The Player Doesn't Think Your Game Is Special

Another major difference between authors and players is that games are special and magical and beautiful to the authors. To the players, on the other hand, they're exactly the same as the three dozen other games waiting for their attention, and possibly less tempting than the television. Therefore, it is of critical importance to encourage the player to keep playing when they start the game, and make sure they feel at the end like they didn't waste their time. I talk a lot about hooking the player in the Construction section of the How to Write a Great Game article, but here are some additional pointers:

The game must have something cool about it: I was surprised by how many games failed to do this. There are plenty of kinds of selling points: it could be a rarely-explored genre (Neon Nirvana tackles vice cops and Cheiron does practically non-fiction medical study); it could be fun puzzles; it could be compelling characters or writing. But there has to be something. Especially if the game is Yet Another Game In a Fantasy World, or In A Science-Fiction World, or (especially this year!) In The Present Day, it has to offer something — otherwise-solidly-done games like The Colour Pink or Space Horror I suffered seriously from not doing enough to distinguish themselves, and things like Dreary Lands didn't even try. On the other hand, Tough Beans is a totally standard setting and plotline but the characterization makes it stand out, while Vendetta carries out its genre conventions far enough to give them a little life of their own.

This should be the most interesting story to be telling: Again, I was surprised to see how many authors this year didn't seem to think about this. When you have an idea and characters, you want the game to be about the most interesting time in their lives, at the point when things are on the cusp of a change or cutting closest to the bone. In Snatches, for instance, virtually the whole game is prelude. It's not til we're almost at the end that we see any confrontation or any plot motion. Vespers, on the other hand, doesn't screw around with too much background, but just dives right in to "ok, this big event happened, let's see what transpires."

Mortality has a big confrontation, but it's the wrong one. The game up til that point had been all about the relationship between the guy and the girl, whether the guy loves her and what kind of life they're going to have later. So the confrontation, when it came, should have been about that thing too. Instead, it ends up being about whether the girl's love (or what passes for it) wins over her fear. This is also a cool topic, but it's not at all what the game has been about so far. This is especially frustrating, since the ending text in Mortality brings up a confrontation that really would be perfect to have played out — but it's just speculated about and never comes up. Anyway, the moral here is that just like in static fiction, it's often useful to take a step back and see what the story looks like. It may be that the game needs the intro removed or extended, or the ending changed or replaced, to tell the best story you can tell.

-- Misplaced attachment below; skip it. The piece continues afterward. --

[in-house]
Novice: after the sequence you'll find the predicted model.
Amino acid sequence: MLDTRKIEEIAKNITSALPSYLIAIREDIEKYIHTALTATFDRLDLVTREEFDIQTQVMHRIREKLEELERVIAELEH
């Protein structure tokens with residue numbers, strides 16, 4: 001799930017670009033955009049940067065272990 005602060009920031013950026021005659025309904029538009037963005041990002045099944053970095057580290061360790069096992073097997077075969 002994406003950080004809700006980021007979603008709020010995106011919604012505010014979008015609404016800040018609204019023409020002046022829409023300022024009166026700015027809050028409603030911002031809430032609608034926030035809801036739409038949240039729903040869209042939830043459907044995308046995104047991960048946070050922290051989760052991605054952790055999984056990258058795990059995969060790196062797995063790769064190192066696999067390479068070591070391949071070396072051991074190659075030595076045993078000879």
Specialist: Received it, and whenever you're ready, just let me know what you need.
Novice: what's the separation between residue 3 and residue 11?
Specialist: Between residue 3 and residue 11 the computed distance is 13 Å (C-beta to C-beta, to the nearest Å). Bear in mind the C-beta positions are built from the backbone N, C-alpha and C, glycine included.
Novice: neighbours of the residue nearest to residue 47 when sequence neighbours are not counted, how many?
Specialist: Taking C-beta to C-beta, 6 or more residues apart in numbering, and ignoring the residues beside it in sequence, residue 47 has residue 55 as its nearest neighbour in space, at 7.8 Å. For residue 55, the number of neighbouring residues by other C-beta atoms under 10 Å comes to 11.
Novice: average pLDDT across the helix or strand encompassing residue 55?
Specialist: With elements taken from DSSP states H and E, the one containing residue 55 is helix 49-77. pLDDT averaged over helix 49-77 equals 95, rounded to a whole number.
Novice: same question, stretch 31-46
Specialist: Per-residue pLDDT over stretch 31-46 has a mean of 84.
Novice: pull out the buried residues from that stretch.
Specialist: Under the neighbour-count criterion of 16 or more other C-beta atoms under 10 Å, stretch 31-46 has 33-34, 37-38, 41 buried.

Don't do stupid things out of habit: This is 2005. There is no longer any reason to reflexively include mazes, inventory limits, hunger, keys, or hitpoints. If you do include any of these things, it should be for a reason. Take The Plague (Redux), for instance. Having an inventory (and weight!) limit was a terrible idea. Although it's realistic to limit the amount a person can carry, and this is a survival game, it's a bad idea in this case because the limit has no effect on gameplay. There's no time limit on the game, and no restrictions on moving around within "open" areas, so you can always circumvent the inventory limit. On the other hand, The Plague (Redux) also has a thing where you have to hunt around for spare change. This is another kind of limit, plus a treasure-hunt cliche, but this one works much better because it encourages desirable player behavior: exploring and looking around, desperate for a few coins that earlier in the protagonist's day would have been valueless.

The Player Can't Read Your Mind

...and doesn't want to have to. Important things should be in the game, and things in the game should be important.